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Home :: Archive :: 2002 :: November ::
Re: Shakespeare's Bible
The Shakespeare Conference: SHK 13.2221  Thursday, 7 November 2002

[1]     From:   Michael Shurgot <
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        Date:   Wednesday, 6 Nov 2002 13:05:28 -0800
        Subj:   RE: SHK 13.2200 Shakespeare's Bible

[2]     From:   Al Magary <
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        Date:   Thursday, 7 Nov 2002 00:45:27 -0800
        Subj:   Re: SHK 13.2209 Shakespeare's Bible


[1]-----------------------------------------------------------------
From:           Michael Shurgot <
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Date:           Wednesday, 6 Nov 2002 13:05:28 -0800
Subject: 13.2200 Shakespeare's Bible
Comment:        RE: SHK 13.2200 Shakespeare's Bible

Dear Colleagues:

I argued several years ago in an article in Essays in Literature (Fall,
1983) on Merchant of Venice that the gloss on Luke: 6:41-42 from The
Geneva Bible is central to the play and that therefore Shakespeare must
have read that Bible. Slim evidence, I know, but some of my professors
in graduate school, as well as the late Daniel Seltzer in an NEH seminar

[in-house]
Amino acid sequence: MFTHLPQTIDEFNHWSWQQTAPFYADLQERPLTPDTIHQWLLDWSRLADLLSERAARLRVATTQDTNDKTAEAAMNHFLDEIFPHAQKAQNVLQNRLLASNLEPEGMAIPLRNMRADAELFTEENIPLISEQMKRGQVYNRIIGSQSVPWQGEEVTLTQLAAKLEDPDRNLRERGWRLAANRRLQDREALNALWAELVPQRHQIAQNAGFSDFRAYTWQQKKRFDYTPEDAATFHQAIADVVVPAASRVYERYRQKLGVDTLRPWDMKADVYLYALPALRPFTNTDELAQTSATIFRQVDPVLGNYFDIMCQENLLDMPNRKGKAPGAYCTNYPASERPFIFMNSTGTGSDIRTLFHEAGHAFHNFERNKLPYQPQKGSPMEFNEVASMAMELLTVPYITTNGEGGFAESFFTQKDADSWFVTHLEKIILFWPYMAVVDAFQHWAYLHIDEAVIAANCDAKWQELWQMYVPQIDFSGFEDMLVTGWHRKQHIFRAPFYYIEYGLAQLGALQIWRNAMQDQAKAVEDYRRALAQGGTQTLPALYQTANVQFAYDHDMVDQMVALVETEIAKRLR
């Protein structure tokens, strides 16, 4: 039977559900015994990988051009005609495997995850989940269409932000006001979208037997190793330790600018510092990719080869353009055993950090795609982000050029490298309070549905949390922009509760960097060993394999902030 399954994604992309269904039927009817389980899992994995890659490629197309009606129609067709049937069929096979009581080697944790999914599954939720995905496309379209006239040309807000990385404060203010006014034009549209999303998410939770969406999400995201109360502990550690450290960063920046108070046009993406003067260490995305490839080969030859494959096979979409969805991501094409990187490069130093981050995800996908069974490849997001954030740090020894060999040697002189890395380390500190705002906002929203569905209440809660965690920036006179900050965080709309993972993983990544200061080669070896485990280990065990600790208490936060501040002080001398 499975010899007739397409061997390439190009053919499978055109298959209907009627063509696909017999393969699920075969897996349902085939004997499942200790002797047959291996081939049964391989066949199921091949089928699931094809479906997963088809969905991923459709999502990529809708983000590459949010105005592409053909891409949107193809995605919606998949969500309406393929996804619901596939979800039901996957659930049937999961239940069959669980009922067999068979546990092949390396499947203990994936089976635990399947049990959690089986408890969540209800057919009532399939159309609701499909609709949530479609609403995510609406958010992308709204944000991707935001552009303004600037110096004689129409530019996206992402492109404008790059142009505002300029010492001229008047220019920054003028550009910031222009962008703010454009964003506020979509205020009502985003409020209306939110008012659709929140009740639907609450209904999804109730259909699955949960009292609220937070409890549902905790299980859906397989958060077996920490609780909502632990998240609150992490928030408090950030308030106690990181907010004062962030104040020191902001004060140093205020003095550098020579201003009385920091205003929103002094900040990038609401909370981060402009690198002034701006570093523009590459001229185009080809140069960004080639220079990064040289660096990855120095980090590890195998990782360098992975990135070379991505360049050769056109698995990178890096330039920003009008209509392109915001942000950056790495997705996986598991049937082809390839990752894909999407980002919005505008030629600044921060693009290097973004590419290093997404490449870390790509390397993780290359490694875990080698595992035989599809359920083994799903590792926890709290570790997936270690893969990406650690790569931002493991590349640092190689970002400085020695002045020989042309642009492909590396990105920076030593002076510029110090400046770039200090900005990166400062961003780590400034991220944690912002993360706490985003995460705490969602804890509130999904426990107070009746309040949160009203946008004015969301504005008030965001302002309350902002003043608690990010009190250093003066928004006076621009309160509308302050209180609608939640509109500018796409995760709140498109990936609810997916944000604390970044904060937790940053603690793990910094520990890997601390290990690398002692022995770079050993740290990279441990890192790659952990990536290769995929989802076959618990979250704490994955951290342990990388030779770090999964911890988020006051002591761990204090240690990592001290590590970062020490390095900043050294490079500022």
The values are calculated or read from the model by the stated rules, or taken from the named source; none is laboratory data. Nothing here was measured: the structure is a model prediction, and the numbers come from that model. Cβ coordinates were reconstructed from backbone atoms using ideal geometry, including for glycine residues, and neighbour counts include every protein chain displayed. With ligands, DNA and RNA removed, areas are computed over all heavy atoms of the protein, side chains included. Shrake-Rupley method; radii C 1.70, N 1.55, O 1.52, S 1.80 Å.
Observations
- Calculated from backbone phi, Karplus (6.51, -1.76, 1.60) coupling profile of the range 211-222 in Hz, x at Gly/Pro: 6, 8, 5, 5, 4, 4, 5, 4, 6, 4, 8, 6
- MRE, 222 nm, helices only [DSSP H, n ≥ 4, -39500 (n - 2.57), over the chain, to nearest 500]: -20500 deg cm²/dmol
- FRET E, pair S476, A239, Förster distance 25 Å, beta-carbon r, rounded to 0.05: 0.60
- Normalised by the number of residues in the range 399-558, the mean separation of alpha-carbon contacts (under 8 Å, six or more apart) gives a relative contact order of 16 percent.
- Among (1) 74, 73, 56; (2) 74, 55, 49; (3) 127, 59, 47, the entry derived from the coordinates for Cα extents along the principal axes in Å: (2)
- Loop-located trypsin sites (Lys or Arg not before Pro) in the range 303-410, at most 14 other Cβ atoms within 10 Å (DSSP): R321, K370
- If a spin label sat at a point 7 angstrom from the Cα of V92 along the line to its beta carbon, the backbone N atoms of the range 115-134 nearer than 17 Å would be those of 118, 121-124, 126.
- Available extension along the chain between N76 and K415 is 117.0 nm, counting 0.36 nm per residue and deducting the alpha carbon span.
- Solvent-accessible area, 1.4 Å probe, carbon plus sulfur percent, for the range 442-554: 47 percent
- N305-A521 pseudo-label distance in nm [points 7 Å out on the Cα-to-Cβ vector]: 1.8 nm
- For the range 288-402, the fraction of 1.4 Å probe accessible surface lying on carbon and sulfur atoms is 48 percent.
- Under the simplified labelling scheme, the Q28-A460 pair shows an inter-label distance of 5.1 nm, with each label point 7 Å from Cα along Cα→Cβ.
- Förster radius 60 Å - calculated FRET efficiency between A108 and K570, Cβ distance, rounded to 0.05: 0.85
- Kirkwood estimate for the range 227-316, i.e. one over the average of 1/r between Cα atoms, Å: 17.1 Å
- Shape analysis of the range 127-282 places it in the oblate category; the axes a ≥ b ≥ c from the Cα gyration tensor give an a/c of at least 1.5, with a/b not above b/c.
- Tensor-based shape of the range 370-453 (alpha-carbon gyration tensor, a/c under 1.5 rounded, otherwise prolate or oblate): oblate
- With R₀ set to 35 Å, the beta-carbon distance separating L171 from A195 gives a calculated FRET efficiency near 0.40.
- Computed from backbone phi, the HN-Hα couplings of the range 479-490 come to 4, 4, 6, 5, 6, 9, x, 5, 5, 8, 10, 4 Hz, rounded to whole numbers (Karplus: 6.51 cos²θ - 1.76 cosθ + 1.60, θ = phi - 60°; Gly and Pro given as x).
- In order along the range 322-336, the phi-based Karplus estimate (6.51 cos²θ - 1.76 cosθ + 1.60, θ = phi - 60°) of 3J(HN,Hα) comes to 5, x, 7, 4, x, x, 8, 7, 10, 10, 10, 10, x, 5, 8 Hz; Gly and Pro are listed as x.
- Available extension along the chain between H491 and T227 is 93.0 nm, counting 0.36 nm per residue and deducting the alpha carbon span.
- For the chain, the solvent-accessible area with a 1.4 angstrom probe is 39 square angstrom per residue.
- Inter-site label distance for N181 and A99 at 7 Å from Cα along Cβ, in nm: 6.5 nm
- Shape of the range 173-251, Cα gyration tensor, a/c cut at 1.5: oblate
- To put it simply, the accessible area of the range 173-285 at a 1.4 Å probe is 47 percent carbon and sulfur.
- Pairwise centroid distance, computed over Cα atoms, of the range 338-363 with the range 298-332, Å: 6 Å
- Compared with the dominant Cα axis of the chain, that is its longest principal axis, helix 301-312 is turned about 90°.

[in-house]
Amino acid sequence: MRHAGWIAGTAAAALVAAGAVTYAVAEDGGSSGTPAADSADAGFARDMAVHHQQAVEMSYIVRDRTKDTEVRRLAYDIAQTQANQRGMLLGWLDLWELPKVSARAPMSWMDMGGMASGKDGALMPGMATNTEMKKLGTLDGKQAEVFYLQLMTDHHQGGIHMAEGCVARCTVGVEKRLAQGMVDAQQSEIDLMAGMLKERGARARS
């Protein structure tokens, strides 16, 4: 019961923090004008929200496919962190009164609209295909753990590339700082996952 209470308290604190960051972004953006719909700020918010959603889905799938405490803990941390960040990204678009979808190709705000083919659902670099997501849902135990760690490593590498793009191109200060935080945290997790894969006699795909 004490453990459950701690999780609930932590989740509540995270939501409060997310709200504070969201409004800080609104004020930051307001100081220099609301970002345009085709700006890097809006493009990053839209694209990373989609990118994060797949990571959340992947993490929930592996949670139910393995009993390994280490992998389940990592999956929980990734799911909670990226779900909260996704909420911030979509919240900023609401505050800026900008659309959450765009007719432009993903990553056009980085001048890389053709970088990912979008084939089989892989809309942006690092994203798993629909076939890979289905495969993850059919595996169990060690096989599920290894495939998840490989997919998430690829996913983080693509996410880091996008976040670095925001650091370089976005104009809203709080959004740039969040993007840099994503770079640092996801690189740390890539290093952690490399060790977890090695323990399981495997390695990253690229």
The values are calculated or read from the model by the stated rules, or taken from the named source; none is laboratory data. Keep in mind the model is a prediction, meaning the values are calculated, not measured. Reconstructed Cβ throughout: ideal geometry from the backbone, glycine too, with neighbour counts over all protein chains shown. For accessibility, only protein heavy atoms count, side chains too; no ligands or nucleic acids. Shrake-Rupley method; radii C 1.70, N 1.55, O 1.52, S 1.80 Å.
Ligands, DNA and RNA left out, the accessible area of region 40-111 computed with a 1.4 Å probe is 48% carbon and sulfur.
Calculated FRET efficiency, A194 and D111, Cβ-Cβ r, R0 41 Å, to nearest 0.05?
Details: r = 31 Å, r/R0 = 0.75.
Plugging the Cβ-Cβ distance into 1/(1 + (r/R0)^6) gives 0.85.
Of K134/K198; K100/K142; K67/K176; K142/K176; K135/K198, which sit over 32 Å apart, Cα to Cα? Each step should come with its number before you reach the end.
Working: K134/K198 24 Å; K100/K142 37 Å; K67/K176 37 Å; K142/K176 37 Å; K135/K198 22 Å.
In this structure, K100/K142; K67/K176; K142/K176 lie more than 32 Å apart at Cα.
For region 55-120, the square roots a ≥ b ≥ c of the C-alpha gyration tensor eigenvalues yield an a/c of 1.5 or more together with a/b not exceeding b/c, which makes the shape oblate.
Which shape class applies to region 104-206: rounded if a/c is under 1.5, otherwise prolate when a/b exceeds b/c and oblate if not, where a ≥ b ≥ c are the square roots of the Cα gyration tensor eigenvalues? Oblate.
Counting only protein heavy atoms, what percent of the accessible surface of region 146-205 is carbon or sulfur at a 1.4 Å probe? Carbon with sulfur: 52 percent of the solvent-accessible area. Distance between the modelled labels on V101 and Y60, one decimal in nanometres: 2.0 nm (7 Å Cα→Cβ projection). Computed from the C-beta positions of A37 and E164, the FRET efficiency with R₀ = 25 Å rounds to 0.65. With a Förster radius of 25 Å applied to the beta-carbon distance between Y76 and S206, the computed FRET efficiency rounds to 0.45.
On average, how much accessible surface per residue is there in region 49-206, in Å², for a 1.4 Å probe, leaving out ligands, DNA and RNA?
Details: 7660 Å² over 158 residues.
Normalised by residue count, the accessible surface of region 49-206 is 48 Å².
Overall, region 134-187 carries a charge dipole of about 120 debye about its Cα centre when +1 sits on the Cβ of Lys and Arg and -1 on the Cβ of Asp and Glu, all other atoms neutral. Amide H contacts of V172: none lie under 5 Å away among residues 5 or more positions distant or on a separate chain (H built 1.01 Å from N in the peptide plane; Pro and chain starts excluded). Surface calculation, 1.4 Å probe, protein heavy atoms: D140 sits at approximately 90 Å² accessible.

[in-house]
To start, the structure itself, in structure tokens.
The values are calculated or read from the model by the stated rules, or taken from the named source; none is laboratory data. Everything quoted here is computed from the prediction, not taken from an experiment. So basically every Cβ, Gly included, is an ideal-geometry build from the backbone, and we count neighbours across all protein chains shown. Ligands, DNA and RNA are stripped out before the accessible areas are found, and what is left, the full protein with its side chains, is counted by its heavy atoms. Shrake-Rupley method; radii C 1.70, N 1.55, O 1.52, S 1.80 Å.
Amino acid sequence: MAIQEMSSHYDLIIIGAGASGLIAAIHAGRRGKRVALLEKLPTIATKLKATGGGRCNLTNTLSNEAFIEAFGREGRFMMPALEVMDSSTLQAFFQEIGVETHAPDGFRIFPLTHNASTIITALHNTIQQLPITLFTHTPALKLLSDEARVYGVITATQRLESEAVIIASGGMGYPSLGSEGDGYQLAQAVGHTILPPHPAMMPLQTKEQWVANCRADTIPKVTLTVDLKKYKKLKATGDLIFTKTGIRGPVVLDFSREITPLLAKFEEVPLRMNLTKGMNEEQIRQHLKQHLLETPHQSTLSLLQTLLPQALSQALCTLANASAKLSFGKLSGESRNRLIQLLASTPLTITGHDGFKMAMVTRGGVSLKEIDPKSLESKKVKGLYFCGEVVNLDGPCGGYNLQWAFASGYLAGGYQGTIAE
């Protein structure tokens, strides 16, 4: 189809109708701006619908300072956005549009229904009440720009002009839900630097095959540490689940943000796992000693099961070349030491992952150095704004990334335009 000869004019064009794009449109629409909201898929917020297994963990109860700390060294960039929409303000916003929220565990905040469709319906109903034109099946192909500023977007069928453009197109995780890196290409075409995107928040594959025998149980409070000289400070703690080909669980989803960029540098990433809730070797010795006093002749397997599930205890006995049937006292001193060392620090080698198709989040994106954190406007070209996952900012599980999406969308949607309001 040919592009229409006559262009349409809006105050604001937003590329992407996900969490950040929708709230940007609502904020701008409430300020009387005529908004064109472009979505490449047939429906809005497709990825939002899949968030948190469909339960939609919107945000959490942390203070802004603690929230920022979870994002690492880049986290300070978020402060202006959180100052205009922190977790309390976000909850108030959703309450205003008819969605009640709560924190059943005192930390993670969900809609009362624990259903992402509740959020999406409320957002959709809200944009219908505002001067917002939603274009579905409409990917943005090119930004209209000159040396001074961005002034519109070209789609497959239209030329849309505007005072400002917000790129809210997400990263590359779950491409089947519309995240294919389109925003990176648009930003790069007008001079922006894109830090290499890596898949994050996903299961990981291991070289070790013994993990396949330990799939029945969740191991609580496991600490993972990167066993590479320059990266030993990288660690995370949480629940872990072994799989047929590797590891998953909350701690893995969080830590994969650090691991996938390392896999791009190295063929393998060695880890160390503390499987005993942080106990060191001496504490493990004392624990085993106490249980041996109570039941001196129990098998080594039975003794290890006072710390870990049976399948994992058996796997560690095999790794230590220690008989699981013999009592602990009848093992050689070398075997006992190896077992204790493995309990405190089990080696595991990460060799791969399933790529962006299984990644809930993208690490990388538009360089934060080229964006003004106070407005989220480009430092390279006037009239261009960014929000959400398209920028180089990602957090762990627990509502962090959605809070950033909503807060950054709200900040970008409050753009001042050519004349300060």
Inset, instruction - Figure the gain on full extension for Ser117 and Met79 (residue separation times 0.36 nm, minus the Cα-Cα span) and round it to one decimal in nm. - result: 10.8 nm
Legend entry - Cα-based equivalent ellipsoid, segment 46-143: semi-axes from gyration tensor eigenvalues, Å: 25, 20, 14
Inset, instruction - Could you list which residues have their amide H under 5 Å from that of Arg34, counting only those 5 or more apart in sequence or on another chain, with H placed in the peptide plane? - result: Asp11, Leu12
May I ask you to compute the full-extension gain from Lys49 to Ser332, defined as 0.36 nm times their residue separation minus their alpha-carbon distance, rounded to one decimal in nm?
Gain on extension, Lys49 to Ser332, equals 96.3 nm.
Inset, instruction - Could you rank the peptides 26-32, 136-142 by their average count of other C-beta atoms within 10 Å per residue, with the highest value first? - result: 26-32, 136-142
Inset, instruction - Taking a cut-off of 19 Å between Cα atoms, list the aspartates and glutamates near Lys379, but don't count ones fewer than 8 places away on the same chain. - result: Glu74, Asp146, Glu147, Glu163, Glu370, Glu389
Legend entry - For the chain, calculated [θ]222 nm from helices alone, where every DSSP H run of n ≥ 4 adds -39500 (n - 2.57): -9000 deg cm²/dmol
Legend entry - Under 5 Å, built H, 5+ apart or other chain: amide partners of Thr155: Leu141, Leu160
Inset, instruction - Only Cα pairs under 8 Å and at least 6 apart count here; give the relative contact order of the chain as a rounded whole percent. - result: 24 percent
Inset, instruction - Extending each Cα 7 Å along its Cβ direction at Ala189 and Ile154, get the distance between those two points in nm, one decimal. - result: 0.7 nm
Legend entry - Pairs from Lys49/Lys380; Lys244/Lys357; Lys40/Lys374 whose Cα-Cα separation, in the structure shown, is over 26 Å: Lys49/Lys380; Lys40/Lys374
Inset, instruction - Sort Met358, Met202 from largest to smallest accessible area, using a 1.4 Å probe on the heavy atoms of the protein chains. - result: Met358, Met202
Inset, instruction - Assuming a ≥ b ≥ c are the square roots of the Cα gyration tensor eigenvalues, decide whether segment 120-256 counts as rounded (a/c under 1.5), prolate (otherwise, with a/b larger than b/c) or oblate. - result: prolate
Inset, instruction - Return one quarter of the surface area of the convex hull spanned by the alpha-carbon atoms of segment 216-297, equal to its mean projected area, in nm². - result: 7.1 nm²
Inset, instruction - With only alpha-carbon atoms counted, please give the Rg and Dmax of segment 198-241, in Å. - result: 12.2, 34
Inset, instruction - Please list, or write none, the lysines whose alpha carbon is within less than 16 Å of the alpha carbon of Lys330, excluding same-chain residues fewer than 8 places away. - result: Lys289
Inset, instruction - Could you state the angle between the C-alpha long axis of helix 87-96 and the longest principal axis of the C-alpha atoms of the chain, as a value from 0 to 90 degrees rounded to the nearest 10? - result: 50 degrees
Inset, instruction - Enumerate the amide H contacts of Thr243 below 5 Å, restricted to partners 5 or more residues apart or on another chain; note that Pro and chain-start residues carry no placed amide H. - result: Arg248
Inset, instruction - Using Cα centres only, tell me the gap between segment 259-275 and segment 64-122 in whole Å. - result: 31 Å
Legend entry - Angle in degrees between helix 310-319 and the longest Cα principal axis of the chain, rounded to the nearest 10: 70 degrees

in 1978, insisted that The Geneva Bible was probably the Bible most read
by Elizabethans, including WS. I think too that R. M. Frye in
Shakespeare & Christian Doctrine makes the same point, although I am not
sure about that.

Worth a check, perhaps.

Regards,
Michael Shurgot

[2]-------------------------------------------------------------
From:           Al Magary <
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 >
Date:           Thursday, 7 Nov 2002 00:45:27 -0800
Subject: 13.2209 Shakespeare's Bible
Comment:        Re: SHK 13.2209 Shakespeare's Bible

SHAKSPERians may wish to look at the text of the Geneva Bible (1599 ed.)
at http://bible.crosswalk.com/Commentaries/GenevaStudyBible/ There's
specimen text from the 1560 ed. At
http://www.bible-researcher.com/geneva2.html along with text from some
other contemporary versions.

The Geneva Bible (aka "Breeches" Bible and Geneva Study Bible) was
apparently the edition most common in English households in the later
16C-early 17C, with 144 editions between 1560 and 1644.  It was the
first to number the verses and add marginal notes and references.  (A
handy short history is at http://www.greatsite.com/engbibhis/index.html)

The other versions variously available were Tyndale's (1530-1534),
Coverdale

 

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